Raging Glastonbury Factory Fire Prompts Concerns of Toxic Gases

Employees have been evacuated from a Glastonbury, Connecticut company that makes cosmetic displays as an out-of-control two-alarm fire tears through the building.

Emergency crews have shut down Fisher Hill Road in East Glastonbury, which leads to the road where the burning Preferred Display building is located.

Huge plumes of black smoke have been billowing from the company on Roaring Brook Plaza after a fire broke out at about 11:30 a.m. An employee of the company called 911 to report that the roof was on fire and flames over took about half of the top of the building when firefighters arrived, according to Glastonbury Deputy Fire Chief and Fire Marshal Chris Siwy.

Employees said the building houses Preferred Display, a manufacturing plant that has been making acrylic cosmetic displays for around eight years and Siwy said it employs around 50 to 75 people.

Officials from Department of Energy and Environmental Protection (DEEP) have also responded because they are concerned about what's burning.

"The facility doesn't manufacture the polyacrylic. They bring in sheets of the polyacrylic, cut that and use it in the work that they use for building the display cases," Jeff Chandler, emergency response unit supervisor for DEEP, said. "Fortunately, we're not dealing with raw chemicals here. We're just dealing with the polyacrylic. The biproducts of combustion of that are somewhat hazardous as far as inhalation."

Chandler said that as the plastic burns, DEEP is concerned that the burning plastic could break down into toxic gases like carbon monoxide and hydrogen cianide. They've asked people to avoid the area where the smoke is circulating or wherever there is soot from the burned plastic.

The factory was operating at the time of the blaze, Siwy said. Some employees thought the fire alrm going off was just a drill at first.

“Everyone is yelling, ‘Get out the building, get out of the building, get out of the building’. Sure enough I get out and see it’s not a drill,” Geoff Kasuga, of Colchester, said.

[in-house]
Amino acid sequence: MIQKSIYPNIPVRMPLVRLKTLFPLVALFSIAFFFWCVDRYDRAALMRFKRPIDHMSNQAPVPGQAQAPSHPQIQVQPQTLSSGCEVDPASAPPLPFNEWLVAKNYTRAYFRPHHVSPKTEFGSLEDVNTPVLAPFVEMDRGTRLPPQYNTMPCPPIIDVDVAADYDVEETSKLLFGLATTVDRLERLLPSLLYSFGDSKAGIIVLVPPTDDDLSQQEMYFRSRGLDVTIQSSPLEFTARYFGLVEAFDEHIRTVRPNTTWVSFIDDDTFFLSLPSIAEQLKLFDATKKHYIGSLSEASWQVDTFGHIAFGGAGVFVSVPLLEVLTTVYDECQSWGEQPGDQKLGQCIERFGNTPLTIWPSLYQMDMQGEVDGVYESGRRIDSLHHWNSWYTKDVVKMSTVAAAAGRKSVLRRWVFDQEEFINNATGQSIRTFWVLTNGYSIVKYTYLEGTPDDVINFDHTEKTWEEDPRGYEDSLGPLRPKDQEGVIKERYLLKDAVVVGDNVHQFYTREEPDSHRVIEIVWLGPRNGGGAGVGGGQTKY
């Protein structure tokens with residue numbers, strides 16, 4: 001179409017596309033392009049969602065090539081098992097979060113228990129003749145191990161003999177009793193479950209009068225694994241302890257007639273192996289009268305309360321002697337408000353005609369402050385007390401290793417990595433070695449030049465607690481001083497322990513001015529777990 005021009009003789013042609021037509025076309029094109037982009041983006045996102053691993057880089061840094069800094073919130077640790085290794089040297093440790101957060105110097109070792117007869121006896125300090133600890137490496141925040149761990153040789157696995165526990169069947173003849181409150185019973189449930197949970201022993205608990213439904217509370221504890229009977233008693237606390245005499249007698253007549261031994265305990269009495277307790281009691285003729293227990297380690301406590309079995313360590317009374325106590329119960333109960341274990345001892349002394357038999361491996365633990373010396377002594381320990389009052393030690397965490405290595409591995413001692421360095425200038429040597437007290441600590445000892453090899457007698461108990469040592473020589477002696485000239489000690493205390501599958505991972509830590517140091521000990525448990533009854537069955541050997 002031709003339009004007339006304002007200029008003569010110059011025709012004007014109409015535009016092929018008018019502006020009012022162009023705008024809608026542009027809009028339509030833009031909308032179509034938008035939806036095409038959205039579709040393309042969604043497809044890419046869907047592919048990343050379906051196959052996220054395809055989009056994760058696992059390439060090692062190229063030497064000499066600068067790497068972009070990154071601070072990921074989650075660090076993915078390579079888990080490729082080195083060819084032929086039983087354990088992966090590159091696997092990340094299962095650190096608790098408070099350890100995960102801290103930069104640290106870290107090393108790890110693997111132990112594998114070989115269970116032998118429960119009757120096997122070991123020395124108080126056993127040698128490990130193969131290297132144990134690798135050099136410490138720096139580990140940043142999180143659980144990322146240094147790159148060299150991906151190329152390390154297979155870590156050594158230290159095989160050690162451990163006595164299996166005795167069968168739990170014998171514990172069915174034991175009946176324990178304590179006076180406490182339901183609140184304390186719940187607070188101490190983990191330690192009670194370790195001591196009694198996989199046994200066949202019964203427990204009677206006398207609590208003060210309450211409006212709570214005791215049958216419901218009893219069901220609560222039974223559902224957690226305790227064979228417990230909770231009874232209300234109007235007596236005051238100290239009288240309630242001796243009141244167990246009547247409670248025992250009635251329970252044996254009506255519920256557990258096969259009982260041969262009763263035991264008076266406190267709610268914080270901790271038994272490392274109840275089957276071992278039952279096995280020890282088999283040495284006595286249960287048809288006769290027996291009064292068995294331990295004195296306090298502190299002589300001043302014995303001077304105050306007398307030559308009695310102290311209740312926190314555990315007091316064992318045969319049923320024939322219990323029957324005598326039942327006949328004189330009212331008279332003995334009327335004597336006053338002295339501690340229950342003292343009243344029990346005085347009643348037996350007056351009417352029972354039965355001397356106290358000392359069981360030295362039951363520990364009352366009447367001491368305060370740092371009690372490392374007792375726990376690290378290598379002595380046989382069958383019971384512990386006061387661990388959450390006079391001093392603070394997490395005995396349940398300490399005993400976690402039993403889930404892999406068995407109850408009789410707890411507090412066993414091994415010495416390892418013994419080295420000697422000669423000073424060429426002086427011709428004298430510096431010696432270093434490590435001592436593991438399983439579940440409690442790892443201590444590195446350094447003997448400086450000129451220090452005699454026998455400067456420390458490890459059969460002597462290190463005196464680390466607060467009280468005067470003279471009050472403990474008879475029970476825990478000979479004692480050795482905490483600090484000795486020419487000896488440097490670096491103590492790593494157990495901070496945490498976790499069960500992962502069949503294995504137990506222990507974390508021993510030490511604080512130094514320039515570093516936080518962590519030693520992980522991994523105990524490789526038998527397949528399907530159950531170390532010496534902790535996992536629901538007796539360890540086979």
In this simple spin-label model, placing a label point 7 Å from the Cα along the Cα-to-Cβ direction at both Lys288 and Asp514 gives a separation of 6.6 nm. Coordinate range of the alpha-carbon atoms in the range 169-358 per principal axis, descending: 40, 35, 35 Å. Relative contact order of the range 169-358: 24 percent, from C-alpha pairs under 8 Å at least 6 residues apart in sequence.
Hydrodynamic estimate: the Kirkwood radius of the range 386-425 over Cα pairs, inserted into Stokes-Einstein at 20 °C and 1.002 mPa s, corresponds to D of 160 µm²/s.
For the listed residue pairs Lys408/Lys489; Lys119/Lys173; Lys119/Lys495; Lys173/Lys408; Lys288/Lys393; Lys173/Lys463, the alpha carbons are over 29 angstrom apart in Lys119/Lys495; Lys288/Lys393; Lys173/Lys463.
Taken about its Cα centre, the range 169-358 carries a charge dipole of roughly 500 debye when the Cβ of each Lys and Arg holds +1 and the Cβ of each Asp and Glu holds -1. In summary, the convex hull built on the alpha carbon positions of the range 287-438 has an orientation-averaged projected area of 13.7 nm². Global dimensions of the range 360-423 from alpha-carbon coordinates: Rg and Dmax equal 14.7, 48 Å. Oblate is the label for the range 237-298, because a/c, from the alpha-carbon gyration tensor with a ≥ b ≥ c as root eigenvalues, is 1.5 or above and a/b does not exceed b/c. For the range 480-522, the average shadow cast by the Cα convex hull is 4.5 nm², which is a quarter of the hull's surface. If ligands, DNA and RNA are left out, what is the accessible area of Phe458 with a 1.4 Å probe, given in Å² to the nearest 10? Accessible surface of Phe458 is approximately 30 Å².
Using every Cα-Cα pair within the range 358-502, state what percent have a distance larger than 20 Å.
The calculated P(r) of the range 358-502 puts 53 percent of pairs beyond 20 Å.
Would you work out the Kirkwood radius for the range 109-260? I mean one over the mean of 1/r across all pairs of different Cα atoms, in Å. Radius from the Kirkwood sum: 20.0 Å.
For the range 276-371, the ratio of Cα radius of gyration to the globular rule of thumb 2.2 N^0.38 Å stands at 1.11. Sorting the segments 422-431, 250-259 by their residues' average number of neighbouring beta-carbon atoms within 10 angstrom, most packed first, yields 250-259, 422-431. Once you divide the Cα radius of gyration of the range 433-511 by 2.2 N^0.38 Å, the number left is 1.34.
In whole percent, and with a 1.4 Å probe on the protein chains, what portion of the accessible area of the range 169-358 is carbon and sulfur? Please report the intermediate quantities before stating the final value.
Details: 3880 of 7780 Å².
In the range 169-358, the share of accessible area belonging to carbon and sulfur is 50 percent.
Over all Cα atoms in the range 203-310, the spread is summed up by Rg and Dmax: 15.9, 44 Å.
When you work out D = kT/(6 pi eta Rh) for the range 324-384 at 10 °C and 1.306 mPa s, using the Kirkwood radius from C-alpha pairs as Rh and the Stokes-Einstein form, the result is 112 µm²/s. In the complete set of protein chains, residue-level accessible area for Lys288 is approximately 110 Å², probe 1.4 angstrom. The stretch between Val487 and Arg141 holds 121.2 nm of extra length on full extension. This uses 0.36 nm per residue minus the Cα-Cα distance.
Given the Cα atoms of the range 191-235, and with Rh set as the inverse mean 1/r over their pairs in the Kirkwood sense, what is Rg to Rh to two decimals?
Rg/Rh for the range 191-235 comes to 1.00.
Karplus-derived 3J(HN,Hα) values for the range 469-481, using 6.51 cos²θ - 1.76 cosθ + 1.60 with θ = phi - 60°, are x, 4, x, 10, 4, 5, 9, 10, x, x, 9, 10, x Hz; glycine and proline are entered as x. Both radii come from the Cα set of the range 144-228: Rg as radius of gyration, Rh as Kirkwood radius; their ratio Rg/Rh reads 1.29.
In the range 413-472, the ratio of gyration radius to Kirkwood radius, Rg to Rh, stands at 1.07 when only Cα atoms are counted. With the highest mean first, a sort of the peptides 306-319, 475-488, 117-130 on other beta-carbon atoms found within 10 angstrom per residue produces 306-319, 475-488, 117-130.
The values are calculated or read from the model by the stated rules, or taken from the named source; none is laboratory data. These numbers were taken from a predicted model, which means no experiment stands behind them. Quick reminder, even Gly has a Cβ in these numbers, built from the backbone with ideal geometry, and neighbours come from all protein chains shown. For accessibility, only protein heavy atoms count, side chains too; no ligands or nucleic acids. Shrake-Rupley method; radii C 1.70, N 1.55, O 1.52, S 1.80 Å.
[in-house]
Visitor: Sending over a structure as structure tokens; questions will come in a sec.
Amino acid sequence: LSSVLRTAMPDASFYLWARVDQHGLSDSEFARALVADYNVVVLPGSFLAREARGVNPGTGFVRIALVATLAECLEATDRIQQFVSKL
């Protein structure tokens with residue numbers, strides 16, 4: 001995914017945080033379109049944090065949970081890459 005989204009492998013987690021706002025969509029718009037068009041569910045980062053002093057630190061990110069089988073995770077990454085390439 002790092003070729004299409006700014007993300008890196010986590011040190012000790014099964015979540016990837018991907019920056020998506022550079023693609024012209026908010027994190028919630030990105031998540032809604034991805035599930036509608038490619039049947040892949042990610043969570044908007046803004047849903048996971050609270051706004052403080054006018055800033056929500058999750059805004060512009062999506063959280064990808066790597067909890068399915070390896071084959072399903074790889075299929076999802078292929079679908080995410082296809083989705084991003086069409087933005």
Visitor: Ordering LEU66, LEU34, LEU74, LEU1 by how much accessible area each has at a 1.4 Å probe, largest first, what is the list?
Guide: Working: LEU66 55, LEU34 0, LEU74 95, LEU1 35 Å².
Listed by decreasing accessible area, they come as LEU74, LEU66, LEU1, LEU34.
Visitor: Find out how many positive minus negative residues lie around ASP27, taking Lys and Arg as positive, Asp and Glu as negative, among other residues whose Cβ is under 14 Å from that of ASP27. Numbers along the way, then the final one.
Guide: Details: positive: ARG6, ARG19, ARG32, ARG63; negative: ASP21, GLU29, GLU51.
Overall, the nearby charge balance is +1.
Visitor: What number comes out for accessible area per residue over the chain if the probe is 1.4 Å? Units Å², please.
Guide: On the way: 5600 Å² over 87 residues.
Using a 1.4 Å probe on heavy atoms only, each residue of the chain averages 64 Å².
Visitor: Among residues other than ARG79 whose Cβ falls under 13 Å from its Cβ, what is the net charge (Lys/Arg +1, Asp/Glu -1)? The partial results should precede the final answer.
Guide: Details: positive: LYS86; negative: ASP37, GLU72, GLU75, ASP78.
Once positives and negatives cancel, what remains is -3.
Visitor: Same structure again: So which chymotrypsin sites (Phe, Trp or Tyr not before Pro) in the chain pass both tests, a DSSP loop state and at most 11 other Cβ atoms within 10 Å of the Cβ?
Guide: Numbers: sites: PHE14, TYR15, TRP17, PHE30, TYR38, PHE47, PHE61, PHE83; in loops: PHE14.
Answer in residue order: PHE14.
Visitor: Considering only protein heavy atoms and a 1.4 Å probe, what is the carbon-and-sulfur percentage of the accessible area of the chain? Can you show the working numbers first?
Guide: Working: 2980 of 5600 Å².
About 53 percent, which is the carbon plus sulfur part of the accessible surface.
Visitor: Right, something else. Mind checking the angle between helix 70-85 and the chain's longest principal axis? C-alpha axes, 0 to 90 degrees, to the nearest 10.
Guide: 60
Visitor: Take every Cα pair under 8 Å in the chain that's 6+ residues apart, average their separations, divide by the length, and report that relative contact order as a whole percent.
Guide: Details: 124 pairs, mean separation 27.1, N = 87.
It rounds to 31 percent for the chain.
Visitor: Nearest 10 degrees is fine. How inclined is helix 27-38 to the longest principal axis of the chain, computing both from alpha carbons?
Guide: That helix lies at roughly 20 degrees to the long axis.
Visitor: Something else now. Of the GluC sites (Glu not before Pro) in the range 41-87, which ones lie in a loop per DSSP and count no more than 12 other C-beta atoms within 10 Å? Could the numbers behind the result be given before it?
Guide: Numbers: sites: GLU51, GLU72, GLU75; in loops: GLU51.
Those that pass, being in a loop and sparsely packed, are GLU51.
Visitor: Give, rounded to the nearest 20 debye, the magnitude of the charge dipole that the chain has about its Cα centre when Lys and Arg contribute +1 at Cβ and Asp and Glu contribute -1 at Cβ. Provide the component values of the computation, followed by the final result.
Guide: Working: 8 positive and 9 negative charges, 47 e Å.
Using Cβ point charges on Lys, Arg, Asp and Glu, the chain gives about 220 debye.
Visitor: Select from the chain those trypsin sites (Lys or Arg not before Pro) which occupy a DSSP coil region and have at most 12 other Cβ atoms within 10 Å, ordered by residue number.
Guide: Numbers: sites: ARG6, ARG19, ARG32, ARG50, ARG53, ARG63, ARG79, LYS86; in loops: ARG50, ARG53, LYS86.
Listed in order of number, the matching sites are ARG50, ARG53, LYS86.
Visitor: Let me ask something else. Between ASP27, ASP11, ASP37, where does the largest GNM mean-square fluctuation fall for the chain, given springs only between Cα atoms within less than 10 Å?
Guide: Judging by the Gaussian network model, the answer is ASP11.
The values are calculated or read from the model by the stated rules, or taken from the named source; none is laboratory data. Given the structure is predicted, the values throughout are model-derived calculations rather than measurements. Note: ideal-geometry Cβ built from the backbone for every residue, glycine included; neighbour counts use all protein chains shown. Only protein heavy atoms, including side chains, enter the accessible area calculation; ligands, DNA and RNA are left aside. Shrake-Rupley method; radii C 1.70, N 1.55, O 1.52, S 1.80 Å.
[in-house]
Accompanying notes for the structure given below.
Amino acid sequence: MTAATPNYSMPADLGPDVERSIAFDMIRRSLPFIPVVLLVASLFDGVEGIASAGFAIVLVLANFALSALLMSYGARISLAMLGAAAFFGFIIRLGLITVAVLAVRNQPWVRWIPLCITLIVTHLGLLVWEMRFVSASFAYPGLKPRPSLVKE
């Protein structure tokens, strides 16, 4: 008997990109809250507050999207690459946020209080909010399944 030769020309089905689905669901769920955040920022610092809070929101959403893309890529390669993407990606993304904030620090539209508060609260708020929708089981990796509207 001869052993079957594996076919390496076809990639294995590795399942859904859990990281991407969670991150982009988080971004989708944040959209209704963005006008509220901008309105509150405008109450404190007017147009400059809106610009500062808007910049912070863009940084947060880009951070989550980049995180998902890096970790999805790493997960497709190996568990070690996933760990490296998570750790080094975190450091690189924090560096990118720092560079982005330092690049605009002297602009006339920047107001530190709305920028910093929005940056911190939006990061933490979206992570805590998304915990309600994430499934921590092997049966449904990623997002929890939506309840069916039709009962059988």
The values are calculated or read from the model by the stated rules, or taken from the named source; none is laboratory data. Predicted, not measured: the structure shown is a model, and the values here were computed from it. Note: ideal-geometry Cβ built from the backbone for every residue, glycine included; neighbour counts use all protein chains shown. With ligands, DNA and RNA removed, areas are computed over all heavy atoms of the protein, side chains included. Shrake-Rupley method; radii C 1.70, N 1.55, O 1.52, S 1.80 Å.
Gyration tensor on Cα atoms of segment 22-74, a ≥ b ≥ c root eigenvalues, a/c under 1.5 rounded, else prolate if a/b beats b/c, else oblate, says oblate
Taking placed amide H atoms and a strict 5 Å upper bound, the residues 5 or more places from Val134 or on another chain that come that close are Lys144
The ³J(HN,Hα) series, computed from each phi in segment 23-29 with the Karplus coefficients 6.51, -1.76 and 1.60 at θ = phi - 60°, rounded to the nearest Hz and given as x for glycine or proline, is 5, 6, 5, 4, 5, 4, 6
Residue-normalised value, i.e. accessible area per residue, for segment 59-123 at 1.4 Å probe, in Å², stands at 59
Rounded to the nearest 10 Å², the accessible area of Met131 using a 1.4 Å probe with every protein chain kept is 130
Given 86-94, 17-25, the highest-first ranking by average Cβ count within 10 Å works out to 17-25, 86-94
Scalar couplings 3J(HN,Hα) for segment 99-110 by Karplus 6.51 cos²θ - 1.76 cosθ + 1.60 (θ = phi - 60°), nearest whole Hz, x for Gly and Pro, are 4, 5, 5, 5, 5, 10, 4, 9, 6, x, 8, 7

Another employee, Dan Piotrowski said "everybody was trying to find their friends, stay with the group, try to stay calm because everybody was kind of freaking out over the whole thing because nobody expects that to happen."

Adjacent factory Quality Name Plate was also open at the time and firefighters were concerned with ensuring the flames didn't spread to next door. The other factory wasn't damaged. 

All of the employees safely escaped the fire and no workers or firefighters were reported injured, Siwy said.

“A couple people come up and pat me on the back, we all treat each other like family. I mean it’s a multi-cultural mix here but everybody treats each other like family," Charles Moneypenny, of Colchester, said.

Residents of about a half dozen homes on Sherbrook Drive near the factory have been evacuated and it's unknown when they'll be able to return.

Many people were stunned as they watched flames quickly consume the factory in Glastonbury.

"It kind of just spread everywhere, parts of the building were just collapsing onto itself a little bit," Moneypenny said.

When the fire is fully extinguished, the concern of people breathing in possibly toxic gases will be eliminated, Chandler said.

Getting water supplied to the site of the fire was a challenge because the area isn't serviced by city water, so crews had to rely on water from its tankers or nearby ponds or streams, fire officials said.

The "openness of the factory building" also added a challenge because the fire started on the roof.

Firefighters from other towns as far away as Colchester, Hebron, Marlbourough, Portland and East Hampton also responded for mutual aid. Crews should be there until sun comes up Thursday so they can extinguish hotspots, fire officials said.

The cause of the fire remains under investigation.

Many neighbors were without power into the evening.

The old mill building, built in the 1800s, has seen many uses over the years, fire officials said.

“I’m glad everybody is okay but it’s still not good. All these people are going to be out of work. You know they have families they need to support and stuff like that," Moneypenny said.

Company leaders at the factory and the business's headquarters in New Jersey said they are focused on the safety of the workers and haven't talked yet about what will happen to the jobs and the plant in Glastonbury.

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